History of books fascinating

2022-08-05T07:00:00.0000000Z

2022-08-05T07:00:00.0000000Z

NZME

https://teawamutucourier.communitynews.co.nz/article/281612424163325

Local News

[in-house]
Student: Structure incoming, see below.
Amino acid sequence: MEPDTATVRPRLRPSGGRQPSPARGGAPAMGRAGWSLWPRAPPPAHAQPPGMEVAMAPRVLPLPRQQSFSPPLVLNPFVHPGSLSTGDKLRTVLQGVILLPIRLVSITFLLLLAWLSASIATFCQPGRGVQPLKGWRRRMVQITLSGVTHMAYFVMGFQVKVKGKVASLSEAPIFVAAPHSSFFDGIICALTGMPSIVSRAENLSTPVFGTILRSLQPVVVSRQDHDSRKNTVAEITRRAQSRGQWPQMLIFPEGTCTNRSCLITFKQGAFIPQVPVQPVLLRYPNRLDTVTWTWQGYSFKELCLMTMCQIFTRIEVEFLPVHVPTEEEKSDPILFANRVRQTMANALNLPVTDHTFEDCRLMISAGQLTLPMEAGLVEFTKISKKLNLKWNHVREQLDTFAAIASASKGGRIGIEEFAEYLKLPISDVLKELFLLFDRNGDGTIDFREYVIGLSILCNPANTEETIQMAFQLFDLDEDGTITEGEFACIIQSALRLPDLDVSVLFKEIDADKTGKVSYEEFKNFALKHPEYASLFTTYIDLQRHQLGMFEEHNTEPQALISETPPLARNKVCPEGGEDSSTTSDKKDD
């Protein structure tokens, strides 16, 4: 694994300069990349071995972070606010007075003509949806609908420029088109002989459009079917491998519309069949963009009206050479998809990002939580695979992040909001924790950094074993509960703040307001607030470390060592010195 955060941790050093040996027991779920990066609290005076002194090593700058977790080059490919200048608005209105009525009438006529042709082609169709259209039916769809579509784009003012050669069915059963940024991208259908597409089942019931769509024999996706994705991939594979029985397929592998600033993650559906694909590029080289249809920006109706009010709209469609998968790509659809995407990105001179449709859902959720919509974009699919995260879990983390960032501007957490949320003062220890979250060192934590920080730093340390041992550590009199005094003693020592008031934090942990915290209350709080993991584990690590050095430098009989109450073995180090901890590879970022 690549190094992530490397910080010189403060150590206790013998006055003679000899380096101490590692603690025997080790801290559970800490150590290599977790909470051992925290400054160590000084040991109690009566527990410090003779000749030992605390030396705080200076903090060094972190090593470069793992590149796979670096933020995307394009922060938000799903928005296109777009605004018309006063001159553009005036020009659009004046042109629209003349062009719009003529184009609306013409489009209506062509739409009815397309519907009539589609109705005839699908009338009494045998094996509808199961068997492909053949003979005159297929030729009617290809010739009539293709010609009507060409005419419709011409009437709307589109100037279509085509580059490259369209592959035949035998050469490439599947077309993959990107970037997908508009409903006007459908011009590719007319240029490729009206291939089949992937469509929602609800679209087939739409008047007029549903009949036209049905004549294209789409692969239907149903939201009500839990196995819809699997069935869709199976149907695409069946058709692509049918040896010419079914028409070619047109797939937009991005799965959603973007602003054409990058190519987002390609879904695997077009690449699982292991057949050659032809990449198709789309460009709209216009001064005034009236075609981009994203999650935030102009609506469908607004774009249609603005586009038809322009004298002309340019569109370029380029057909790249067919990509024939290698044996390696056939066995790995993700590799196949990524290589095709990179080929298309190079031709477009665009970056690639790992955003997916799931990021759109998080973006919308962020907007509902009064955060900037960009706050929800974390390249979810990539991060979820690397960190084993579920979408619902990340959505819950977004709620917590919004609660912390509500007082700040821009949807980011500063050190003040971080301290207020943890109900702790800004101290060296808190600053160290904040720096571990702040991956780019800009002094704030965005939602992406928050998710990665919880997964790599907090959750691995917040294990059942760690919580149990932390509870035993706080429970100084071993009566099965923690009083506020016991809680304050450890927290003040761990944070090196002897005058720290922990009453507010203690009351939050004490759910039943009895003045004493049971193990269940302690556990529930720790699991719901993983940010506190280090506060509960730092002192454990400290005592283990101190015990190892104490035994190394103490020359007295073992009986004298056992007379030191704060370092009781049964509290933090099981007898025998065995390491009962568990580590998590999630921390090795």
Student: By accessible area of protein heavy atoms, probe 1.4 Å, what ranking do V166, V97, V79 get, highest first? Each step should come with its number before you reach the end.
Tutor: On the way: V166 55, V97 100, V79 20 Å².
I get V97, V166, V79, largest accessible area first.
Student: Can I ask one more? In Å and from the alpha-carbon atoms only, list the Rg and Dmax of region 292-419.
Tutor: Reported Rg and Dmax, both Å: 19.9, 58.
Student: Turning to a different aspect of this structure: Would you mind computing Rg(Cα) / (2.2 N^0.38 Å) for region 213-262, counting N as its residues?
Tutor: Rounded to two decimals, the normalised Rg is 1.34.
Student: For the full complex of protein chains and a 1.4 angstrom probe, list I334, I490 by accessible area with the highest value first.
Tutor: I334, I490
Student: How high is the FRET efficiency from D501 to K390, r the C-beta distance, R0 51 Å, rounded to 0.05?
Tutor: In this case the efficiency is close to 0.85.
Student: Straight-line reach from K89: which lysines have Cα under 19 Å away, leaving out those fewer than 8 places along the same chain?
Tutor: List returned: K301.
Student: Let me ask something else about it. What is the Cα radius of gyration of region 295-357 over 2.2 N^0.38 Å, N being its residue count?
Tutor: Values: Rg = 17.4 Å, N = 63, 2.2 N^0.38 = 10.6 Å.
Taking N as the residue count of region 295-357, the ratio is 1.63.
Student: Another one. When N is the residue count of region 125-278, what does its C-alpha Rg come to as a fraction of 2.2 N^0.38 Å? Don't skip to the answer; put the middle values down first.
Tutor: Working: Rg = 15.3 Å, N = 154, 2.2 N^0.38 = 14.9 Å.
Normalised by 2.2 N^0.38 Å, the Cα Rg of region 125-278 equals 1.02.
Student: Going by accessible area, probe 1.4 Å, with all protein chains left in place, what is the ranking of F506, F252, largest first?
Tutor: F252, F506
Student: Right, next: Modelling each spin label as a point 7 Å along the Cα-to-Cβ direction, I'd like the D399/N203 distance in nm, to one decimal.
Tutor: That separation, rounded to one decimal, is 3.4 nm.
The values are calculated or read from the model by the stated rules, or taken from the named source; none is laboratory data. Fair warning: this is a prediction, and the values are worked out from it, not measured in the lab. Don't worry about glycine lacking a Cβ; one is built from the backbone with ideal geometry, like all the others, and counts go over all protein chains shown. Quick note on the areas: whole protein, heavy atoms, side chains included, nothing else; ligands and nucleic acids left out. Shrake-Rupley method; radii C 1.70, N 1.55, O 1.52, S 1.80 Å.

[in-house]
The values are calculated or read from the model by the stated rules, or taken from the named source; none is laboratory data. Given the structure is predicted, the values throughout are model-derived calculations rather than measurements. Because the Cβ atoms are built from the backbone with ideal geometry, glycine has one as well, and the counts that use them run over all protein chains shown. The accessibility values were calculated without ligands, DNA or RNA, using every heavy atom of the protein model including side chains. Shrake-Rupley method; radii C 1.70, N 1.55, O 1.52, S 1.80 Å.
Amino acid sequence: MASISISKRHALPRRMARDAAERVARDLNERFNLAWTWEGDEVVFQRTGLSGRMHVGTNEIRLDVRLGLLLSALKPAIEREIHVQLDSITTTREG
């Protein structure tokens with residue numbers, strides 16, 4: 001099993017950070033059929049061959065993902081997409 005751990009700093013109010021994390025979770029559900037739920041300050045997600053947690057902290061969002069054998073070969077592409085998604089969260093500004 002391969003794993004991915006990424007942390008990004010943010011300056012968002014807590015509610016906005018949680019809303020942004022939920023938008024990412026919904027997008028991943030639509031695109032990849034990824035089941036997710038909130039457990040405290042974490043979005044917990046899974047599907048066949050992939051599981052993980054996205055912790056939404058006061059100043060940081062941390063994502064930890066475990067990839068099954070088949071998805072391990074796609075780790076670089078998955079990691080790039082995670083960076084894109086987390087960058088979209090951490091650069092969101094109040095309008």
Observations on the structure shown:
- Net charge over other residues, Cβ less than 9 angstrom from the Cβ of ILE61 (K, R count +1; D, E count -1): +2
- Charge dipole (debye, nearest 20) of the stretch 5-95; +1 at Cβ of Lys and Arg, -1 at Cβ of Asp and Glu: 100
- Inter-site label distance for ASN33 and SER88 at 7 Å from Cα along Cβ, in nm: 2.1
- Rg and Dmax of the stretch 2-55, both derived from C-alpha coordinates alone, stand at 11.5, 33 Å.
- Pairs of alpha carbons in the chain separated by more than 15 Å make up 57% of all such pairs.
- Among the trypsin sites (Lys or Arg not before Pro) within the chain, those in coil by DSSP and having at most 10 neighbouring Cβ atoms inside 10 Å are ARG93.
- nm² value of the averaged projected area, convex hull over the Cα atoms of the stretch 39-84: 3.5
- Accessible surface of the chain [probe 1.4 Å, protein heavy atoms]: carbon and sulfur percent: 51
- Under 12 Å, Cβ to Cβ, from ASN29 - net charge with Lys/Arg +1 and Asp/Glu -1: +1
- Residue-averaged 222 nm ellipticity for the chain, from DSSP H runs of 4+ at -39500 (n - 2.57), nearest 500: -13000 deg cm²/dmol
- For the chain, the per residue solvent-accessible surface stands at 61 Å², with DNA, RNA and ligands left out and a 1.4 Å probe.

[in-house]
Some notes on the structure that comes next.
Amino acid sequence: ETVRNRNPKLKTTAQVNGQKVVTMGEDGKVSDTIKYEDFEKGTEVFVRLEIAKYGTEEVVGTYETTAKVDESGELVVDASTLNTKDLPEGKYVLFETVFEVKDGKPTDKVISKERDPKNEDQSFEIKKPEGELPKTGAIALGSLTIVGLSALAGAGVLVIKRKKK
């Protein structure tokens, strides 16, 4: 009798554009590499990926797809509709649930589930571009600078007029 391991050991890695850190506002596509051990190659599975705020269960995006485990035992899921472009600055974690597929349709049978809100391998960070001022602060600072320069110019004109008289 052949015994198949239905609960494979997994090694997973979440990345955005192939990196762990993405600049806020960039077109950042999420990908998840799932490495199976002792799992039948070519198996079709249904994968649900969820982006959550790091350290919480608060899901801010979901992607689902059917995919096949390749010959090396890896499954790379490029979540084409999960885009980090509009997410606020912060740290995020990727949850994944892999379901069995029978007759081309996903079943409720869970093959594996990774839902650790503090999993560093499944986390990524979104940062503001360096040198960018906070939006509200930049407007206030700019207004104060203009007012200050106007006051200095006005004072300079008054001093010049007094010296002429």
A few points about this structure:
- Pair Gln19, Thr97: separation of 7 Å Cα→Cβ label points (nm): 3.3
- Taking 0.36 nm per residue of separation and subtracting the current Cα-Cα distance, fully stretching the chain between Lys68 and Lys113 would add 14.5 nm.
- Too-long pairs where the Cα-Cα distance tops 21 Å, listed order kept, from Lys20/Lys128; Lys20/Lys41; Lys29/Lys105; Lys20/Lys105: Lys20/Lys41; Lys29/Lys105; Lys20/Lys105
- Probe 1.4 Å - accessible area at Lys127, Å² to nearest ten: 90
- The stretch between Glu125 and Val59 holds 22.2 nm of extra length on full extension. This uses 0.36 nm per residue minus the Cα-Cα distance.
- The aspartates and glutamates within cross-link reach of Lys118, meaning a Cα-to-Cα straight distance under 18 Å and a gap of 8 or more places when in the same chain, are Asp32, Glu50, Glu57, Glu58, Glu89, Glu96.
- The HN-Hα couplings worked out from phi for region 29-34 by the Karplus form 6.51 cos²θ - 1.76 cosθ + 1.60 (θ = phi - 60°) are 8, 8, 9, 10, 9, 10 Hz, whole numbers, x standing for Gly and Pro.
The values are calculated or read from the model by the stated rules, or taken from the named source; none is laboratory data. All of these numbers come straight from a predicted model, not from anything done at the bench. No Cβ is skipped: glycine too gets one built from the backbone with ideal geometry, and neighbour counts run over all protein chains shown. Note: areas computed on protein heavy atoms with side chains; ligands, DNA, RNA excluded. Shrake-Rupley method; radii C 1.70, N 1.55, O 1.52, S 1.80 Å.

The history of reading and writing is a topic that probably interests all readers. Reading what someone else has written brings a sense of connectedness. What we read and how it bonds us can reflect our personalities and our experiences as individuals. The history of books, readers and reading can offer insight into the nature and history of society as a whole. The topic is a fascinating onewith several interesting aspects. Humans began to develop writing systems sometime in the 30th century BCE in ancient Mesopotamia, which included the Sumerian, Akkadian, and ancient Egyptian civilisations. While the earliest examples of written text date back to around 2600 BCE, these early writings were written on stone tablets and depending on who you ask, don’t count as books. The codex was the historical ancestor of the modern book. Instead of being composed of sheets of paper, it used sheets of vellum, papyrus, or other materials. The term codex is often used for ancient manuscript books, with handwritten contents. A codex, much like the modern book, is bound by stacking the pages and securing one set of edges by a variety of methods over the centuries. The earliest printing technology originated in China, Japan, and Korea. The imperial state of China produced a large volume of printed material, printed by rubbing paper against inked woodblock. The knowledge of print technology reached the Western world around the 13th century. Woodblock printing attained widespread popularity by the 15th century. Although the Gutenberg Bible is not as old as other books that have survived throughout history, it is significant as the first book to be printed using a printing press. The book was printed by Johannes Gutenberg, who invented the printing press and started the Printing Revolution, around 1450-1455. The earliest written texts were meant to be read out loud. The characters were written in a continuous stream, to be separated by the skilled reader when reading out loud. Punctuation was used for the first time only around 200 BCE. The masses were still illiterate, and written material only reached them through public readings. The performances of jugglers and storytellers were popular in the 11th and 12th centuries CE. Reading from a book was considered pleasant dinnertime entertainment from the Roman times to the 19th century. The ancient art of reading aloud has a number of benefits for adults, from helping improve our memories and understand complex texts, to strengthening emotional bonds between people. Far from being a rare or bygone activity, it is still surprisingly common in modern life. In a time when our interactions with others are limited and the barrage of information we take in are often overwhelming, perhaps it is worth making a bit more time for listening to reading aloud. Tea and Tales is a great example of this. Come along to Te Takeretanga o Kura hau po¯ on the first Thursday of every month and Te Awahou Nieuwe Stroom on the last Friday of each month and enjoy local readers sharing their favourite stories and poetry.

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